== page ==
How to Manage a Toxic Employee


Some employees are difficult to deal with, and there are those who are plain toxic. Difficult employees may get themselves involved in all sorts of inexcusable behaviors without putting their peers to the consequences that follow. While both kinds cause problems, the latter types are called “toxic” because they spread poor work attitudes to others. It is the villain that makes work environment miserable. A leader is often perplexed by a single bad apple in organization because as unruly as the toxic employee’s behaviors are, they don’t run against anything legal to call for termination of employment. As a leader, here is what you can do instead.


Explore the Underlying Problems

 The last thing you want to do is jumping to conclusion. There can be reasons why some employees behave the way they do at work, and you will find a lot of possible culprits for examples conflict with coworkers, financial hardship, marriage problem, recent loss of family member, medical condition, or even mental health issue. Personal circumstances affect performance, and to some extent encourage unpleasant behaviors at work. If that is the case, you can in fact offer support such as counseling resources or recommend potential solutions to alleviate the underlying problems. As a leader, this is part of due diligence.

 Make Clear the Consequences

 Another possible reason a toxic employee shows no willingness to improve is the unawareness of negative consequences. People have tendency to deal with potential losses more seriously than with potential gains. They are also inclined to be more responsive anytime there is a real possibility of serious penalty. In other words, you may need to make threats and follow through if the person is hesitant to change. For most people, the likelihood of suspension without pay or missing out on a promotion makes a strong enough motivation to behave in more civil way.

 Get the Documentation Compiled

 You should hope that a toxic employee will eventually improve and be responsible for damages done, but there are times when you just have to accept that some people will not change. If at the end of the day there is nothing else you can do in your professional capacity to alter the situation, terminating the term of employment is the last resort. Before you do that, however, make sure to document all offenses made along with your responses so far. It is crucial that you establish a pattern of the employee’s behaviors and measures taken to address the issue. Formal complaints, video or photo evidence of poor conducts, performance evaluation records, and other relevant information would be helpful. The idea behind documentation is to protect the organization (and yourself) from legal consequences and show that you let the employee go for good reasons.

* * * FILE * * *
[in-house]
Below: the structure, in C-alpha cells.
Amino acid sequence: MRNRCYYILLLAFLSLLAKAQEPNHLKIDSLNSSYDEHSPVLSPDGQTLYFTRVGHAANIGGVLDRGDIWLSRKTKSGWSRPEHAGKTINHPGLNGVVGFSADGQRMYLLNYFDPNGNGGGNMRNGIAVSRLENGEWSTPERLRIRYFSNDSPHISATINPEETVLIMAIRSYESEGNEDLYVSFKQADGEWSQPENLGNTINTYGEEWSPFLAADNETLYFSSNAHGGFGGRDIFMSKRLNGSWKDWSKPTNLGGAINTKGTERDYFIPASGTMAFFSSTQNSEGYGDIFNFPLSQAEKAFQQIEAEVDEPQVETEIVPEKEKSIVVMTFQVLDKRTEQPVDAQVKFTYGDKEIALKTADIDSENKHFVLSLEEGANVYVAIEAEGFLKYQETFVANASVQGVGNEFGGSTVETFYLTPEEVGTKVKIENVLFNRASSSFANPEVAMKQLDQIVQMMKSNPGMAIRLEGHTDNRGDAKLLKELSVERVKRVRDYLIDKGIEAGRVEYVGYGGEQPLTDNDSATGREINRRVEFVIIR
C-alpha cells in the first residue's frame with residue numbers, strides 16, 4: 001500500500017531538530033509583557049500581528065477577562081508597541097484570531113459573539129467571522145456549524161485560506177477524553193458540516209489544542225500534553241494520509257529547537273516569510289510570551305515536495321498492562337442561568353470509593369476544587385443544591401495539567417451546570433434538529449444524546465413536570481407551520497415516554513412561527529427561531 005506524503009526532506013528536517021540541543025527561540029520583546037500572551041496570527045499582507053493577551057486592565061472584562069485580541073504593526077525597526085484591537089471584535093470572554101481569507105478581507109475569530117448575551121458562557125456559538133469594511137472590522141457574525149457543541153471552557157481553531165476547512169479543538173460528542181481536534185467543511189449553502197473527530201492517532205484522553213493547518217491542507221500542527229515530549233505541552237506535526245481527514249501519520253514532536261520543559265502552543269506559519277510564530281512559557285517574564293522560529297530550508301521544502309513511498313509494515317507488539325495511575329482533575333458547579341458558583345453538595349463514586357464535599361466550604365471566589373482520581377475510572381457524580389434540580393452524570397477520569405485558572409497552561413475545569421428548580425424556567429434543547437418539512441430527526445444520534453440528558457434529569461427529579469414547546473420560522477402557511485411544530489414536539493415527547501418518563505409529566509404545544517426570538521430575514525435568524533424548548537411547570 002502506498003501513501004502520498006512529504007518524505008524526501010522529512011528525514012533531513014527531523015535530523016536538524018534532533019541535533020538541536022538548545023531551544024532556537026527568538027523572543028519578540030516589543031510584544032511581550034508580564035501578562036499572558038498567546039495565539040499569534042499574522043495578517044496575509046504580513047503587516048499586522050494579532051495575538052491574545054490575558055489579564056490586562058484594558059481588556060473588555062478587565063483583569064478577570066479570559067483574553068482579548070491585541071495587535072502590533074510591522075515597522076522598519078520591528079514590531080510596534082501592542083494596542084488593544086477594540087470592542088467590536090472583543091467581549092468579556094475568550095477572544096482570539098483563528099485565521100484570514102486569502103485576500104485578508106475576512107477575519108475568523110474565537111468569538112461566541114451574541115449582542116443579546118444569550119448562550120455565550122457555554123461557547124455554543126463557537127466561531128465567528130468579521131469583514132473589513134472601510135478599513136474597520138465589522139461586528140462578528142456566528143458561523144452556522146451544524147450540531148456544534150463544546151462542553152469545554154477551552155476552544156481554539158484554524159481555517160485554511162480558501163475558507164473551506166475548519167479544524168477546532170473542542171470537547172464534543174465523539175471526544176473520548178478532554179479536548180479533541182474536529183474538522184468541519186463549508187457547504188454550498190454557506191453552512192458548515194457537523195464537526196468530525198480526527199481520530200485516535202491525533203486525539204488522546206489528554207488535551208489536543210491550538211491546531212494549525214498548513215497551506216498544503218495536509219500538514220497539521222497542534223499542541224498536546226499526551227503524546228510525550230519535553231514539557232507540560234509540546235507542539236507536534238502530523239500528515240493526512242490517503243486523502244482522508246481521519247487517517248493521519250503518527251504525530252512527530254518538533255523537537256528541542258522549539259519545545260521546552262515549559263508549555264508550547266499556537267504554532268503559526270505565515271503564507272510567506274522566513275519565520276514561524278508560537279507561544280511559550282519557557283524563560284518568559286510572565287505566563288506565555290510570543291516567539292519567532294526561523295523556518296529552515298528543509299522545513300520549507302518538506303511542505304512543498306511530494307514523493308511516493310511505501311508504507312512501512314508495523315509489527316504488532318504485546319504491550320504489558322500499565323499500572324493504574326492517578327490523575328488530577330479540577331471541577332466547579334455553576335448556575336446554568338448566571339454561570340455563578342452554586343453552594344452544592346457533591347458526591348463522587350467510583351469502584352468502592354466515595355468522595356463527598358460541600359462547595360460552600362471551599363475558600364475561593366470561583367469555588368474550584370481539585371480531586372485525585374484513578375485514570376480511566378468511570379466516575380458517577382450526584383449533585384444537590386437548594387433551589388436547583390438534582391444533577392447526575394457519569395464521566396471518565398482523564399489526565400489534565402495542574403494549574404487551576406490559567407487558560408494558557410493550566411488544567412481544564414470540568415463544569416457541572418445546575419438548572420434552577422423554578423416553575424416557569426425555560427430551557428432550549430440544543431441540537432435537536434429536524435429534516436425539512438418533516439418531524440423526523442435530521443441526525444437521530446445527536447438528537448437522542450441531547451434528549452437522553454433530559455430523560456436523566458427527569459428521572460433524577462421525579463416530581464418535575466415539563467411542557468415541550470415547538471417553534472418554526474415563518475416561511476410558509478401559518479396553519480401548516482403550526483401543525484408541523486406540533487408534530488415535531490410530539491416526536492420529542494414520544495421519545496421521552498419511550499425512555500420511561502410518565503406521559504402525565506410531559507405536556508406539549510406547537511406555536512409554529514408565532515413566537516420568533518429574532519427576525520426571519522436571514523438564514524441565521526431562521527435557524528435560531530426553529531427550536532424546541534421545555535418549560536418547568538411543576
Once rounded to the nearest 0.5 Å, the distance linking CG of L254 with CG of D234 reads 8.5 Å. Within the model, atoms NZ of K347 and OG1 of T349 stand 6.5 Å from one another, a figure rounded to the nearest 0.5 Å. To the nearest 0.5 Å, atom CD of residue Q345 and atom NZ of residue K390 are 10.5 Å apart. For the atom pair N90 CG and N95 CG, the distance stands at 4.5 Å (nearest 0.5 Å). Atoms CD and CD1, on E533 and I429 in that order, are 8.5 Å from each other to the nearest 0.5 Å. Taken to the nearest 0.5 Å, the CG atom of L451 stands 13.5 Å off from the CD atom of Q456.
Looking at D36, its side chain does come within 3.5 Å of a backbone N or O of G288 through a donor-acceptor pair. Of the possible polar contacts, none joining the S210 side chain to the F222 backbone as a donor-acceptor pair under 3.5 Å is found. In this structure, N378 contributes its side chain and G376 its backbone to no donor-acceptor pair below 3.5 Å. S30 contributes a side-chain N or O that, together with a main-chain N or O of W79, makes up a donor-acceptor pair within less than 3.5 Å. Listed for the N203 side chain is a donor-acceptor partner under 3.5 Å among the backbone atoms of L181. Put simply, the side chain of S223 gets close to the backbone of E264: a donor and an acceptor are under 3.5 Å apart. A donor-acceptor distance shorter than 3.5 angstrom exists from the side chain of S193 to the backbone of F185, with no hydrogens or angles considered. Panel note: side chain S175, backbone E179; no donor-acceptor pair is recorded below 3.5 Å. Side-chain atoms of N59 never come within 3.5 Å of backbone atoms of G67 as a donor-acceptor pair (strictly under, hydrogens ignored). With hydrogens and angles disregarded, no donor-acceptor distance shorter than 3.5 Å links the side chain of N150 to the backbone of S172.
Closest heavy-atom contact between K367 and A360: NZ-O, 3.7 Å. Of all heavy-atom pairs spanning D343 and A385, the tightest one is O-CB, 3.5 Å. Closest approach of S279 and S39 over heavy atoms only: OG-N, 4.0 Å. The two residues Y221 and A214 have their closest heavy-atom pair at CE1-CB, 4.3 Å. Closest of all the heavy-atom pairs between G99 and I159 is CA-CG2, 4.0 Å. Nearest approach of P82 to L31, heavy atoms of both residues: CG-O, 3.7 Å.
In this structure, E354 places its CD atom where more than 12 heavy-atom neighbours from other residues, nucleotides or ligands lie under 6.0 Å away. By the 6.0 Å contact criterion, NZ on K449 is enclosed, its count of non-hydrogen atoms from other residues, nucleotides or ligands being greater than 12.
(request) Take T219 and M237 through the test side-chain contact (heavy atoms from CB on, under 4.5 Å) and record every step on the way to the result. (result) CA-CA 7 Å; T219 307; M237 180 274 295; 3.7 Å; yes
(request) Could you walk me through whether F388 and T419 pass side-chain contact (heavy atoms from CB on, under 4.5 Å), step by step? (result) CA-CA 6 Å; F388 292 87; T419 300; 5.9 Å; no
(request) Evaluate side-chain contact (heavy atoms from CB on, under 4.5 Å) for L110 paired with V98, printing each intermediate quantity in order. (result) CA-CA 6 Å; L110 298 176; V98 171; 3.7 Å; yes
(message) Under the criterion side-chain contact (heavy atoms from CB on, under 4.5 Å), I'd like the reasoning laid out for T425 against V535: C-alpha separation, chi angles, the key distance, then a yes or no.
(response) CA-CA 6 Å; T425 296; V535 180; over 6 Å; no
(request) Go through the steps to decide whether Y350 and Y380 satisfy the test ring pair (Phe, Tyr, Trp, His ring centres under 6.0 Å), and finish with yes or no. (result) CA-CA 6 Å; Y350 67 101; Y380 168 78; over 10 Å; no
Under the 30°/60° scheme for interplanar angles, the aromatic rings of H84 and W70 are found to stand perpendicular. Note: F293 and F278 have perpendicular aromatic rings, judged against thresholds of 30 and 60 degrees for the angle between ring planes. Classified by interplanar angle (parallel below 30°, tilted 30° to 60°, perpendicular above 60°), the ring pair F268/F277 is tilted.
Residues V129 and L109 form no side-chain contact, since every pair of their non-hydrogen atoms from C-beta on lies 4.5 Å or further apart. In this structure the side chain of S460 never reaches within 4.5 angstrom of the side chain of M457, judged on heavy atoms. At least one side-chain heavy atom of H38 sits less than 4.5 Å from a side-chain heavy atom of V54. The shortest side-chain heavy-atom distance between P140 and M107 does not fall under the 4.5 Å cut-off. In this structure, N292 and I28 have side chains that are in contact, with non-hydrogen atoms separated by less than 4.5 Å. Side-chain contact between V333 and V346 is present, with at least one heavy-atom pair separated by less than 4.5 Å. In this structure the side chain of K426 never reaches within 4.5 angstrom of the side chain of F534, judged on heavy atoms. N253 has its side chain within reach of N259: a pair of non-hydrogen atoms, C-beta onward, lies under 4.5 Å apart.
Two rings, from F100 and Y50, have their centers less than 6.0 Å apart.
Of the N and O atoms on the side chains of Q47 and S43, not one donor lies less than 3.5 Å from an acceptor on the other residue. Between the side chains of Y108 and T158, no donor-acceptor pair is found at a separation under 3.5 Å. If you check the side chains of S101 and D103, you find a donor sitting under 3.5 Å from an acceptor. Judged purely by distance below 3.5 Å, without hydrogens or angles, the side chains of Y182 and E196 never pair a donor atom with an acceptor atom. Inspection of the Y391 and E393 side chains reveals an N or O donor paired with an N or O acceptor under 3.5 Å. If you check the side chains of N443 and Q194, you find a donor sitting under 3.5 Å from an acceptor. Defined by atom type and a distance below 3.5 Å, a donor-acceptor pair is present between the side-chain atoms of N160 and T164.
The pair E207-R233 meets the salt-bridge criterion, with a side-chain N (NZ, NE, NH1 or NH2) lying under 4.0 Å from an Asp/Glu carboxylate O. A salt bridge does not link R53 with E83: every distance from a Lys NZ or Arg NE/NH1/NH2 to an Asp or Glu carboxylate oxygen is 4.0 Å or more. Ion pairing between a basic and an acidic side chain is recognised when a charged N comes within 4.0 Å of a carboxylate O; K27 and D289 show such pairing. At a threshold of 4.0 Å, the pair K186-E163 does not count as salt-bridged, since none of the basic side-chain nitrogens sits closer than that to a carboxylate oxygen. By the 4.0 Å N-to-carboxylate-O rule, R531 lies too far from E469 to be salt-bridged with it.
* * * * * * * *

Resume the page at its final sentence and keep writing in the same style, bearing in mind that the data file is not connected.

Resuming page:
It certainly takes a lot of time and energy – invaluable resources you can otherwise spend more productively to address more important issues – to fix problems with or caused by a single toxic employee. The negativity is sometimes too much to deal with, but put in mind that this is one of the responsibilities every leader must bear. As a leader, you are deemed capable of putting an end to the issue with the least possible consequences on productivity and organizational well-being.

 Ultimately, your company has invested a lot of time and resources in hiring, grooming and supporting each employee. It is a lot more cost-effective to listen to employees, come to a clear understanding of what needs to change and help them be more successful. Every “problem” is really an “opportunity”. Listen more than you speak and try to find win-solutions. Trust is earned and fragile. Earn trust back and help the employee know you want him/her to be the best employee possible and how their success is your success. Of course, we must own our own mistakes and do our best to be supportive leaders. Leadership is an active process, right?

Make good choices and have a great day! Only you get to choose how you feel about it!

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Dr. Paul Gerhardt is a skilled leadership and diversity trainer who builds customized workshops online or at your workplace. He is a tenured professor of management. He is a diversity and leadership well-respected and trusted trainer who helps organizations get amazing returns on their training investment. Visit for more great free articles and to learn more about leadership effectiveness. Dr. Gerhardt is the author of several publications available on, including Diversity at Work, The Diversity King; Leadership Lucy and the Leadership Handbook. Consider inviting Dr. Paul Gerhardt to do customized leadership or diversity training at your organization. Most organizations find that diversity and leadership training by the right trainer yields a significant instant return on investment. You can get your FREE COPY of the Leadership Handbook by clicking this link:



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